Science is a way of thinking much more than it is a body of knowledge.  --Carl Sagan

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Offline Elisabeth_M

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Re: Precautionary measures for mold growth
« Reply #4 on: June 07, 2016, 07:27:48 AM »
Great explanation Elisabeth! Do you think doing the filling of the littler containers around a flame would help?

If you already have a small bunsen burner or alcohol burner already, then having it on while you fill the smaller containers would help prevent mold growth.  You could even swipe the mouth of the smaller container in the flame (this works with plastic containers too, but by swipe, I mean quickly pass it through the flame).  However, unless you constantly have ink going bad, I wouldn't go out and buy a burner just for your personal use.  I would use one if I was bottling ink to sell, though, because it's going to be sitting on the shelf a long time and I wouldn't want to take the chance that my customers might buy a bottle of ink full of mold.
Science is a way of thinking much more than it is a body of knowledge.  --Carl Sagan

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Offline Estrella

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Re: Precautionary measures for mold growth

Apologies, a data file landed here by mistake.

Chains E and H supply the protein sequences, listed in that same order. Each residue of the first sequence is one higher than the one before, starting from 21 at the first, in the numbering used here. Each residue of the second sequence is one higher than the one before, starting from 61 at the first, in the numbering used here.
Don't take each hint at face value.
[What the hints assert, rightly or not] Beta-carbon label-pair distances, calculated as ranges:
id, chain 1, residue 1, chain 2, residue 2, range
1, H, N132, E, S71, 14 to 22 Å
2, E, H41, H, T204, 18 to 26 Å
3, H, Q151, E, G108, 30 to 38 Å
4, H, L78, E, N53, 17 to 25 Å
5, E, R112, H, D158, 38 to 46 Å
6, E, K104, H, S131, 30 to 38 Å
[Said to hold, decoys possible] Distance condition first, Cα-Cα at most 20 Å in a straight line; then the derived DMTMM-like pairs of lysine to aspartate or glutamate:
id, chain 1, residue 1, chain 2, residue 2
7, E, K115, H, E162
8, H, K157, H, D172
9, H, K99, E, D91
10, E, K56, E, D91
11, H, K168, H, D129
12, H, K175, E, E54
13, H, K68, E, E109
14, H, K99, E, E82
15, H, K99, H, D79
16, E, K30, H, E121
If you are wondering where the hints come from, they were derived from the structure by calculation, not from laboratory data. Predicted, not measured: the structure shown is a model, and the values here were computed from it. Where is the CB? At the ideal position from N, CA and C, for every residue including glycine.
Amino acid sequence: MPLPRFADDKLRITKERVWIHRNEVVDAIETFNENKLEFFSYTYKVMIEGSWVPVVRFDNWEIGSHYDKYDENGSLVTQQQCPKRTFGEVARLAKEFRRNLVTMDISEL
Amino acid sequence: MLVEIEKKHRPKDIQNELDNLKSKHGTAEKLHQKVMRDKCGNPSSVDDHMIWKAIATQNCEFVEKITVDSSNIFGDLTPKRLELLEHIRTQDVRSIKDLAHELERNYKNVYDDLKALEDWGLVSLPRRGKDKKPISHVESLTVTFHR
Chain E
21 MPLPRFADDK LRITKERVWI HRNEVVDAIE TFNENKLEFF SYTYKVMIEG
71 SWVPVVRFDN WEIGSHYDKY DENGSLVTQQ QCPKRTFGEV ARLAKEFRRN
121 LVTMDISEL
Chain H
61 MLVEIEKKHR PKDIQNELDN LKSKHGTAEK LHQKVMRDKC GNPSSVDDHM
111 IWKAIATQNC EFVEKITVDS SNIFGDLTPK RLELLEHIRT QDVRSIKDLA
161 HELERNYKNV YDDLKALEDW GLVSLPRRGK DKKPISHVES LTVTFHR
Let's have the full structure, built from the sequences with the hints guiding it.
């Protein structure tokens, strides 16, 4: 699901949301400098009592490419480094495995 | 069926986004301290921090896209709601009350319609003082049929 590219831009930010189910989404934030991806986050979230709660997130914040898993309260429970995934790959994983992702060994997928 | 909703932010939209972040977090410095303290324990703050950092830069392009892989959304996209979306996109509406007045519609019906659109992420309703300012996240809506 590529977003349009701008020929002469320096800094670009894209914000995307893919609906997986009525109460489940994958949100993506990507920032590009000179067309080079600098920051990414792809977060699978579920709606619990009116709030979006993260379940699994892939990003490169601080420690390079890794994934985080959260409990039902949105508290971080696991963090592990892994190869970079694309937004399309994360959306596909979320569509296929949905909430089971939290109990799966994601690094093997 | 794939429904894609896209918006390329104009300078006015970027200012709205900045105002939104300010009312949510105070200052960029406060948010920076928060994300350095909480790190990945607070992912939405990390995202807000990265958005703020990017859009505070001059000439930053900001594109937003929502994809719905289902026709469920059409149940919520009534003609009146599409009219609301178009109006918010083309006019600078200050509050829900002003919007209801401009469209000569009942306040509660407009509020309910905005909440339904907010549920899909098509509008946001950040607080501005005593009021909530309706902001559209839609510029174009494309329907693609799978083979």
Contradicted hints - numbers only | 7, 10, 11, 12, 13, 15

« Reply #5 on: June 07, 2016, 12:31:35 PM »
Very useful information. Thanks Elisabeth!
I've been doing this a while now - transferring new ink into smaller bottles. And even then, I transfer ink into smaller dinky dips to work out of! I have a whole storage cart of labeled ink bottles, lol. It looks like I have so many various inks, but it's due to all of the smaller bottles.

So last night I was getting ready to work on a project, and I couldn't open my ink jar!! My husband couldn't open it, either! And it's gold ink!! Here's a link to a photo I had previously posted of the jars - glass ink jars - I thought they were cute, not so much anymore! lol  Are these "safe" to transfer ink into - and how can I now open it?! LOL  :P ???

Also, your instagram link doesn't work!  :-\

Offline Elisabeth_M

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Re: Precautionary measures for mold growth
« Reply #6 on: June 27, 2016, 07:50:14 AM »
Sorry, Estrella, I somehow missed your post about the jars.  First, those jars are adorable--great find!  I don't see why you wouldn't be able to put ink into them or why they would be so difficult to open.  In case you still haven't been able to open them, have you tried all of the usual things people do to loosen stuck lids such as these? http://www.networx.com/article/11-ways-to-open-a-stuck-jar-lid?  As to why it got stuck in the first place, I can think of two possibilities.  The first is that some ink got on the outside rim of the jar and when it dried it created a seal between the jar and the lid.  The second is that a vacuum was created inside the jar (this is the reason why jars of food from the store can be hard to open.  This happens if the jar and its contents are very hot when you tighten the lid of the jar.  I hope that helps!

Thanks for letting me know about the instagram link.  I haven't posted anything on it in ages, so you didn't miss much by not being able to access it.   ::)  I'll fix the link, though, just in case I get inspired to post something there.  ;D
Science is a way of thinking much more than it is a body of knowledge.  --Carl Sagan